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Small-Scale Structure in the Core of Saturn’s B Ring

Presentation #407.04 in the session “Planetary Rings: Theory and Observations”.

Published onOct 03, 2021
Small-Scale Structure in the Core of Saturn’s B Ring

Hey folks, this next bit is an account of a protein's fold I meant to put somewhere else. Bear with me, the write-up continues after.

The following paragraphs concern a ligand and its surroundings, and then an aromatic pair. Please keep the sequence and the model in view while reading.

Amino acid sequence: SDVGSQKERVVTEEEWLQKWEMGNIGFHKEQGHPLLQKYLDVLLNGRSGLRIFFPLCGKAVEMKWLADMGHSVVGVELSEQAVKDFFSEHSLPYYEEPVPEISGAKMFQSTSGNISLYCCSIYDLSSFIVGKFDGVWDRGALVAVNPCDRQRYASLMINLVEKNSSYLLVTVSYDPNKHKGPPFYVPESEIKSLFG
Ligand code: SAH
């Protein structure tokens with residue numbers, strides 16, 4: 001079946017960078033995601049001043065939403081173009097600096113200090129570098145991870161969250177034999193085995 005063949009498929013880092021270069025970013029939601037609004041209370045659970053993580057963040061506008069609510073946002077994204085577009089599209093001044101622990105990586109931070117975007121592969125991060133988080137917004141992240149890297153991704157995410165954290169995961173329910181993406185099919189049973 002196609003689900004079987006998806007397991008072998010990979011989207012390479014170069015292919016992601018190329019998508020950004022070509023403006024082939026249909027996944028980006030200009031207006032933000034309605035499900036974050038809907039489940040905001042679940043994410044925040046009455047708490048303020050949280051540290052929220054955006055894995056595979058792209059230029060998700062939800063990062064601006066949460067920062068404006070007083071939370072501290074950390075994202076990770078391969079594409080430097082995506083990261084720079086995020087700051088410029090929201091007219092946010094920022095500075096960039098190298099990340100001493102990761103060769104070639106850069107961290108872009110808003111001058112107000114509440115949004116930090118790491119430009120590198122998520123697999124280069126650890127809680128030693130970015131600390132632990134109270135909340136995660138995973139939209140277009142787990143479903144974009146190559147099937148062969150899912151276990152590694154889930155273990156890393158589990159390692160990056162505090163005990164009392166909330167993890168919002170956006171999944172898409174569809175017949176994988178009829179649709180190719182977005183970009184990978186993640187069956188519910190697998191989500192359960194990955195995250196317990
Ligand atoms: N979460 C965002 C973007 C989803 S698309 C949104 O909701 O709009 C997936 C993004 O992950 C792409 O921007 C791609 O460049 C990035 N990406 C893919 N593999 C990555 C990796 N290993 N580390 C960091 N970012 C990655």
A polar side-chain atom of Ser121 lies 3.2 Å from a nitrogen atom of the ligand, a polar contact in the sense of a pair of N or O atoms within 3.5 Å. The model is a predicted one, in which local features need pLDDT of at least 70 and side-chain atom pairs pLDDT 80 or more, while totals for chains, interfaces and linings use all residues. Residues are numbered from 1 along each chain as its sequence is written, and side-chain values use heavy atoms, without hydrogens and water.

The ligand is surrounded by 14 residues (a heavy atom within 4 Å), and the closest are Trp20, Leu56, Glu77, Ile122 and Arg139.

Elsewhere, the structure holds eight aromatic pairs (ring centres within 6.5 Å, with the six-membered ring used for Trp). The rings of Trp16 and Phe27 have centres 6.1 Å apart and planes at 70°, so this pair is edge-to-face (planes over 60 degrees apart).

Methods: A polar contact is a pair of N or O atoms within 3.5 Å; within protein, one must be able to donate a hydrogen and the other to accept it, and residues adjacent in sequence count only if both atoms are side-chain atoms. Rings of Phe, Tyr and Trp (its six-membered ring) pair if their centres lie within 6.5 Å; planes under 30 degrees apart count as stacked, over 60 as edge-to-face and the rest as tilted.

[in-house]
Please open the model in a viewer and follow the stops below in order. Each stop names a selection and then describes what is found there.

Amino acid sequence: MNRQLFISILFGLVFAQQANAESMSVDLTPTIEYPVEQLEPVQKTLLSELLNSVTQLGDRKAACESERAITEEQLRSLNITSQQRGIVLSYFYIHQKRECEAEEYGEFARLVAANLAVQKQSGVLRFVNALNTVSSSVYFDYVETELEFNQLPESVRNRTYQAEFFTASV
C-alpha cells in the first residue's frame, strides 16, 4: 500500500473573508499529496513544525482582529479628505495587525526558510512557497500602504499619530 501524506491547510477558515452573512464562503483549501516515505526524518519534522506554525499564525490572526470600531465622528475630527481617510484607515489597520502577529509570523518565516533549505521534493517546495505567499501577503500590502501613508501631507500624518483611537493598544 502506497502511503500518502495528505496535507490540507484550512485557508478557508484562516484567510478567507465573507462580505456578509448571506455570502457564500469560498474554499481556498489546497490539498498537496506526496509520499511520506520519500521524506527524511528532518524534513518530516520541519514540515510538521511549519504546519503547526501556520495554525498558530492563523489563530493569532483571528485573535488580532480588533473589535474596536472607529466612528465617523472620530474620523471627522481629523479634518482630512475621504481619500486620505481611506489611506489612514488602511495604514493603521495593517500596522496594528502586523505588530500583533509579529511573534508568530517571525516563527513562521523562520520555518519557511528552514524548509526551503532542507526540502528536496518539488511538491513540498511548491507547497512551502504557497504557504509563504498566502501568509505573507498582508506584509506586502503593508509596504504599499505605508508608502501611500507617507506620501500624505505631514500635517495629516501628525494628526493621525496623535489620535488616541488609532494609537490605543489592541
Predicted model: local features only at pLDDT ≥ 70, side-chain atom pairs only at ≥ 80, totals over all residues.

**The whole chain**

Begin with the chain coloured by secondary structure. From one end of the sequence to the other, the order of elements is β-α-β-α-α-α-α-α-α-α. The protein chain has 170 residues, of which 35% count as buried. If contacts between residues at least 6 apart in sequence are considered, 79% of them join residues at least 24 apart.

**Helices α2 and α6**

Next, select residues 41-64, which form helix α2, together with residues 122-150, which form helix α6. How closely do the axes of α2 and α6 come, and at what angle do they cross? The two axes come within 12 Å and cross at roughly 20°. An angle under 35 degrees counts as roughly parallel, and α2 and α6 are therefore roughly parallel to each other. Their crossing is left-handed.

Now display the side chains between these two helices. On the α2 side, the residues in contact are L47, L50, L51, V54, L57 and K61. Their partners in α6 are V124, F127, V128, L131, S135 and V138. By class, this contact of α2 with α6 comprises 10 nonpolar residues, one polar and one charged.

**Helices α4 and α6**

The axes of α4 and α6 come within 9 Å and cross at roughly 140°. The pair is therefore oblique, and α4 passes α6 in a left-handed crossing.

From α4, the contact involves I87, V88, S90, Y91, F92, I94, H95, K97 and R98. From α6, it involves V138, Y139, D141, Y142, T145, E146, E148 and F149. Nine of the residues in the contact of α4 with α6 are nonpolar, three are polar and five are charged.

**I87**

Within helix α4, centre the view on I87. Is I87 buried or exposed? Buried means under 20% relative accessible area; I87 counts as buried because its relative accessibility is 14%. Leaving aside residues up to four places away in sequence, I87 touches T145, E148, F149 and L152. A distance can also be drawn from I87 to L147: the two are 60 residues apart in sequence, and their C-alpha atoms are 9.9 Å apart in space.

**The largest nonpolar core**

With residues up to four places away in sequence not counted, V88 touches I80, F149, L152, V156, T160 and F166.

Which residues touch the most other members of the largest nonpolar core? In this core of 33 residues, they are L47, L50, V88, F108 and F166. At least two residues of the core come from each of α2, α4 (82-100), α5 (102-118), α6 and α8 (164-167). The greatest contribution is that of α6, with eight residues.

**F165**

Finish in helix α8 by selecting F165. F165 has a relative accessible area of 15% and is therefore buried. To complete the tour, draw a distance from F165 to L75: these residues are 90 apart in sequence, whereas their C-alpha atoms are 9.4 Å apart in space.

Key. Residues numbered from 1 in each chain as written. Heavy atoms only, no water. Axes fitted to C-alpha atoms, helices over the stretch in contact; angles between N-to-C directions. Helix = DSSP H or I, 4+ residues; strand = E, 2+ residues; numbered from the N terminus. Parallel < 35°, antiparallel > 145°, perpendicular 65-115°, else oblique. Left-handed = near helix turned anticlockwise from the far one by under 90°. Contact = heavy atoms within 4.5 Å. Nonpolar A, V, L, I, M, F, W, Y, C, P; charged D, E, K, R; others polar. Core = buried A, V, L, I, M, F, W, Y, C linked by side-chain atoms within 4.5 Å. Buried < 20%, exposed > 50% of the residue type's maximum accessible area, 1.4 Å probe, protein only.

Saturn’s most massive ring, the B ring, has been divided into five regions based on the radial structure of its optical depth (Marouf et al. 2006, BAAS 38, 552). Regions B2 and B3 contain the locations with the highest optical depths. The Cassini UVIS HSP observed 15 occultations of the bright UV star Beta Centauri (Hadar). Several regions in the B ring core are opaque to Hadar with transparencies of less than 0.002 at the 10-m radial resolution of the occultations. These opaque regions are separated by irregular structures with embedded narrow (< 100 m) features with transparencies on the order of 0.1-0.2. The boundaries of the opaque regions are circular, but within each of the opaque regions there are multiple non-axisymmetric windows where the transparency jumps to as much as 0.2 on spatial scales of less than 50 m. The two brightest stars in the Hadar system contribute comparable amounts to the observed HSP signal. The projected separation of these stars in the ring plane is typically tens of meters in both the radial and azimuthal directions allowing us to measure or constrain the dimensions of these narrow openings we dub “phantoms” due to their similarity to the completely transparent “ghosts” identified in the C ring plateaus (Baillie et al. 2013, Astron. J. 145, 171). High resolution images of these regions reveal non-axisymmetric structure on larger spatial scales. The number and dimensions of the phantoms varies between the opaque regions. Phantoms do not appear at the same location in different occultations, suggesting that they are due to local particle dynamics rather than any large-scale instability or perturbation. Embedded boulders or miniature moonlets, like the propeller objects seen in the A ring (Tiscareno et al. 2006, Nature 440, 648; Tiscareno et al. 2019, Science 364, 1054) have been proposed to explain the C ring ghosts. Further work will be needed to determine if similar objects in the dense B ring can explain phantoms as well as the source of the larger inhomogeneities seen in Cassini images.


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